Will Super-Delegates O’Malley and Mikulski Honor the Will Of MD Voters?

Despite the recent momentum enjoyed by Barack Obama, it looks increasingly likely that the democratic nomination may not be settled until the national convention in late August. Besides the razor close race, there’s other factors which gives this race an aura of unpredictably. First, democrats will have to decide if to count the delegates from Michigan and Florida. Both states had their delegates stripped prior to their respective primaries for not following party rules. If the DNC maintains their rigid position, they risk alienating two states that could ultimately decide the presidency in November. If they change the rules and allow the delegates to count, it’ll come across as grossly unfair since candidates likely avoided heavy campaigning in those states after initially learning the results wouldn’t even count.

If that weren’t enough, there’s that super-delegate dilemma. Essentially, super delegates include Democratic governors and members of Congress, former presidents Bill Clinton and Jimmy Carter, former vice president Al Gore, retired congressional leaders, and all Democratic National Committee members. In all, this group comprises approximately 40% of the delegates required to secure the Democratic nomination.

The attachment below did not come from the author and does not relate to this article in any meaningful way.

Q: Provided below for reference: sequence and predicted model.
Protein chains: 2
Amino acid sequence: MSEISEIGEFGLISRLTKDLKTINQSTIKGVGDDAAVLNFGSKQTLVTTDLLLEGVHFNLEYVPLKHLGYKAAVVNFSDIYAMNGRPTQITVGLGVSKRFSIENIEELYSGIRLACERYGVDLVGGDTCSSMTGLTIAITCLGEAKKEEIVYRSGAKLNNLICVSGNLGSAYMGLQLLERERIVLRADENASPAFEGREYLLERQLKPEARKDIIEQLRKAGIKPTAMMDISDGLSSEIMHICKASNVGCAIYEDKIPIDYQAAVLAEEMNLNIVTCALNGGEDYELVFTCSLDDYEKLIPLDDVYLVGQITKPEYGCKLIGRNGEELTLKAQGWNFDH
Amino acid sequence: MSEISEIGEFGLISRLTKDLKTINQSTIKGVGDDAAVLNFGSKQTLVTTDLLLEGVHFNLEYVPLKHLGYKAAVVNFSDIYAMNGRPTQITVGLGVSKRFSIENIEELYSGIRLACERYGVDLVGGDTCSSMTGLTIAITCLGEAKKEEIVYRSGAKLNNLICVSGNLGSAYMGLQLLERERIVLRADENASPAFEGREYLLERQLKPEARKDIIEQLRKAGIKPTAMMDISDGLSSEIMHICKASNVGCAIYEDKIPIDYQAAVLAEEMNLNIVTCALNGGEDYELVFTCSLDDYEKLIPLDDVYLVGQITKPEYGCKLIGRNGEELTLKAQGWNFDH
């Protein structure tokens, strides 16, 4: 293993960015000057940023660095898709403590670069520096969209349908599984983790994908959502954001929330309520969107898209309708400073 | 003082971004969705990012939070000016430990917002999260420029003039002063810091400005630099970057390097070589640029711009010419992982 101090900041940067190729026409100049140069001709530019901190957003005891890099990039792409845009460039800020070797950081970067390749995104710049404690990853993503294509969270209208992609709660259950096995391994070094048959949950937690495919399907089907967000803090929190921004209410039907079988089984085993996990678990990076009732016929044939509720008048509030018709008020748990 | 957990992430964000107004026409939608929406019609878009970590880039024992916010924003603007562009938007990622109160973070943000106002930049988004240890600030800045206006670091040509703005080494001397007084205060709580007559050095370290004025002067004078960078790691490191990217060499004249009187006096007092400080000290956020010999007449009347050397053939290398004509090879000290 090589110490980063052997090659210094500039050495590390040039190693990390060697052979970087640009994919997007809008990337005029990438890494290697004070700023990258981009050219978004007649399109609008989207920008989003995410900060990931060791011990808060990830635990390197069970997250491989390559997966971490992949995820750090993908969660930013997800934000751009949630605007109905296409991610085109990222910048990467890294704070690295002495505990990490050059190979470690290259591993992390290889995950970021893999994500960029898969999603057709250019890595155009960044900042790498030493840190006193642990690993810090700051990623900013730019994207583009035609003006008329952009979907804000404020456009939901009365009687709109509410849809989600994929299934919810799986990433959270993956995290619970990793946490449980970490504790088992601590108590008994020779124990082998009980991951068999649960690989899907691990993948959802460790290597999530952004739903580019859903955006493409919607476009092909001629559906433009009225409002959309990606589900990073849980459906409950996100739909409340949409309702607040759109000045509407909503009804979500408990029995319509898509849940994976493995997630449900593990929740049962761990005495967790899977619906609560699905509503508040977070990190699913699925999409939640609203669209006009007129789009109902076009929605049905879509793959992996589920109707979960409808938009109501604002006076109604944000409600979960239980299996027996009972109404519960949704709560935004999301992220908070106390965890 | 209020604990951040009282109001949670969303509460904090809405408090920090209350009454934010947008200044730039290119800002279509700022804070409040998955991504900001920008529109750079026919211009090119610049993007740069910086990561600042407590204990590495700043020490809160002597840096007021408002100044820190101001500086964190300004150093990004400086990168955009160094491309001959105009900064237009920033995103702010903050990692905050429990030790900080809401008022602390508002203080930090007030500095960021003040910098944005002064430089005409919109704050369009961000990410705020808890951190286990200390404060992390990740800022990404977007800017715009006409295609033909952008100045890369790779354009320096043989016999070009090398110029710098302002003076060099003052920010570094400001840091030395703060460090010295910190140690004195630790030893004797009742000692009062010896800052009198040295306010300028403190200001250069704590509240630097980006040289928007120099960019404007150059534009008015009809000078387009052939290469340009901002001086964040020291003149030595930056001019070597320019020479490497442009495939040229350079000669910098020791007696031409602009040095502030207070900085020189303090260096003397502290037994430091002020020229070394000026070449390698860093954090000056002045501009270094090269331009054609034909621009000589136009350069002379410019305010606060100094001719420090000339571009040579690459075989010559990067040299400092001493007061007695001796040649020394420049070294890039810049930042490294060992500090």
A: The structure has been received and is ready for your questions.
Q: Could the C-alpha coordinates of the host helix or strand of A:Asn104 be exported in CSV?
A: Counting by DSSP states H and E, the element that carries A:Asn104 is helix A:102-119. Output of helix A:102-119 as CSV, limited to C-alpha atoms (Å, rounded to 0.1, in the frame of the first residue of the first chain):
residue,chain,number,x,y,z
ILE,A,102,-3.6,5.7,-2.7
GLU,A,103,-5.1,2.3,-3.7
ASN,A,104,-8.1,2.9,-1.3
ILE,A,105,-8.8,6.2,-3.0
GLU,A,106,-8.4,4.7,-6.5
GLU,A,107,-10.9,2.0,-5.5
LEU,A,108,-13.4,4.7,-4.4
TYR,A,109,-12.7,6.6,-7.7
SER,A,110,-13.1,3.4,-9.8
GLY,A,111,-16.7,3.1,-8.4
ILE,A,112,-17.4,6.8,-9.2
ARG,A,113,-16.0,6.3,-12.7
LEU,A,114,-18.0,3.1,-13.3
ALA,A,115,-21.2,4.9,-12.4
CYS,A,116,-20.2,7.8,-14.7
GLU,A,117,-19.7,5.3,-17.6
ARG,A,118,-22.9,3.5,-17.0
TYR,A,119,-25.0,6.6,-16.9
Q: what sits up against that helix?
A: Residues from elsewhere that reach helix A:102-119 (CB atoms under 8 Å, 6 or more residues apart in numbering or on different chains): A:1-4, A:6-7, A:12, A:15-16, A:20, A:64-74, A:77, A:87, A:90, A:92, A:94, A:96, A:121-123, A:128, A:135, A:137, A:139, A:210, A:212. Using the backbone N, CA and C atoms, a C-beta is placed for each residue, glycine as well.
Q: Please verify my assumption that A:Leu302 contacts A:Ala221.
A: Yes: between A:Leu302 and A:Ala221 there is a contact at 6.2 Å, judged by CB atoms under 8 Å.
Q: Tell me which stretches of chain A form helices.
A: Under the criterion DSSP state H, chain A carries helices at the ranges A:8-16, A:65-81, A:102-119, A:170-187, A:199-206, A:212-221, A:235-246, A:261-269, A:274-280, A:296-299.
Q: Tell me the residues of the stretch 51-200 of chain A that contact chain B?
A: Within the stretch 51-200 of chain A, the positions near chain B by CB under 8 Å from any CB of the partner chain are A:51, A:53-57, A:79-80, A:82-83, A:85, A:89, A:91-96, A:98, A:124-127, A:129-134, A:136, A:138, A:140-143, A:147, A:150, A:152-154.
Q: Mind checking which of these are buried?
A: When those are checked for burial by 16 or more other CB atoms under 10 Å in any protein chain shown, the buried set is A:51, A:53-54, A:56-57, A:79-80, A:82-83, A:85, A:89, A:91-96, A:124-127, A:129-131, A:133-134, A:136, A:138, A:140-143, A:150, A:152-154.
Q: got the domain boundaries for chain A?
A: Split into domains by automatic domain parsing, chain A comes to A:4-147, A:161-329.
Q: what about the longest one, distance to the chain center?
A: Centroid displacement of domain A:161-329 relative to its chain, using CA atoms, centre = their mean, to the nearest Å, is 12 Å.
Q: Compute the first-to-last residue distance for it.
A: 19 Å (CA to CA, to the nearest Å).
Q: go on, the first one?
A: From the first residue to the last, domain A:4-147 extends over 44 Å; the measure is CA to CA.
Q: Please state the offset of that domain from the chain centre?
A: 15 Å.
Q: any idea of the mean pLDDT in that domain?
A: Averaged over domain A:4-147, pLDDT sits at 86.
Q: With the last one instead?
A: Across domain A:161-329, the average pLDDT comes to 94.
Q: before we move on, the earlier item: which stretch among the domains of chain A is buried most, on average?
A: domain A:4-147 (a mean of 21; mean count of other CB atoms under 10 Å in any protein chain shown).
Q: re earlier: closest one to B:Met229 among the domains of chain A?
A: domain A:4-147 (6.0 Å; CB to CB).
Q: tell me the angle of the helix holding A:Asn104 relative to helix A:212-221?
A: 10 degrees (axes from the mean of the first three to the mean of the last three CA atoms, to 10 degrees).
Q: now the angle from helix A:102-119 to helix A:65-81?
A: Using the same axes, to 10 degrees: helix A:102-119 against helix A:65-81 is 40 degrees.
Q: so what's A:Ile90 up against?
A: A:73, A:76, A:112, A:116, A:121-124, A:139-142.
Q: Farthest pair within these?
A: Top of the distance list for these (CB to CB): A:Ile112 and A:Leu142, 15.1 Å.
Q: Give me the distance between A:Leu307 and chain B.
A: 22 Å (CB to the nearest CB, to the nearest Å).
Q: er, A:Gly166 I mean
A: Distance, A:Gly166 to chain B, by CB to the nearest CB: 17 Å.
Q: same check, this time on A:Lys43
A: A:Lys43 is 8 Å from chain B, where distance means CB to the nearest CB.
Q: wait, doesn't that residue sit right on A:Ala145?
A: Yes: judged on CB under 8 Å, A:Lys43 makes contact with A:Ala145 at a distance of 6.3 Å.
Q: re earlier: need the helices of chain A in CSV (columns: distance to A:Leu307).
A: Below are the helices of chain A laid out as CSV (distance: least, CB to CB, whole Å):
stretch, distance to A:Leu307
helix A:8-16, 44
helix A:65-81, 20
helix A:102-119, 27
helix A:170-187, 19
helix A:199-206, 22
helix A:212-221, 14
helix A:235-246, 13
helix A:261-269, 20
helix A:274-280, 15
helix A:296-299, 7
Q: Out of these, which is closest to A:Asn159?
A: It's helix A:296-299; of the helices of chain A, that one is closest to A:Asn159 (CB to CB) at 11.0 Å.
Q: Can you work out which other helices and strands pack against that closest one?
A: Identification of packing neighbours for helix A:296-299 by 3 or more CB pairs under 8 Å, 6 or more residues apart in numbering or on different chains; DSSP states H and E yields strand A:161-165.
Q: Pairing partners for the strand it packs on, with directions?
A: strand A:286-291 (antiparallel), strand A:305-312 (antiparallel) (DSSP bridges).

These super-delegates can vote any way they desire regardless of what their electorate decided at the polls. In Maryland, Hillary Clinton currently has three pledged delegates: Dutch Ruppersberger, Martin O’Malley and Barbara Mikulski. Statewide, Barack Obama secured 60% of the Maryland vote on Tuesday.

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I have no doubt that Dutch Ruppersberger ultimately honors the will of the voters. In fact, he’s been most low key about his support for Hillary. He’s a stand up guy who routinely puts constituents’ concerns above all else. Now, with O’Malley and Mikulski, the same cannot be said. O’Malley often appears to act in his own selfish interests. Likewise, his rapidly declining approval ratings indicate a strong disconnect with Maryland voters.

With Mikulski, she gives all indications that’ll she’ll cast her vote for Hillary regardless. She’s been one of the loudest supporters of the former first lady in any jurisdiction anywhere. In turn, there seems to be a bit of sexism with Mikulski. On more than one occasion, Mikulski has made it clear about her inflexible desire to see a woman as president.

On Tuesday, Maryland voters sent a loud and clear message. Our elected officials owe it to the voters to reinforce our interests. Do I think they will in this case? If history provides any indication, it’s highly doubtful.


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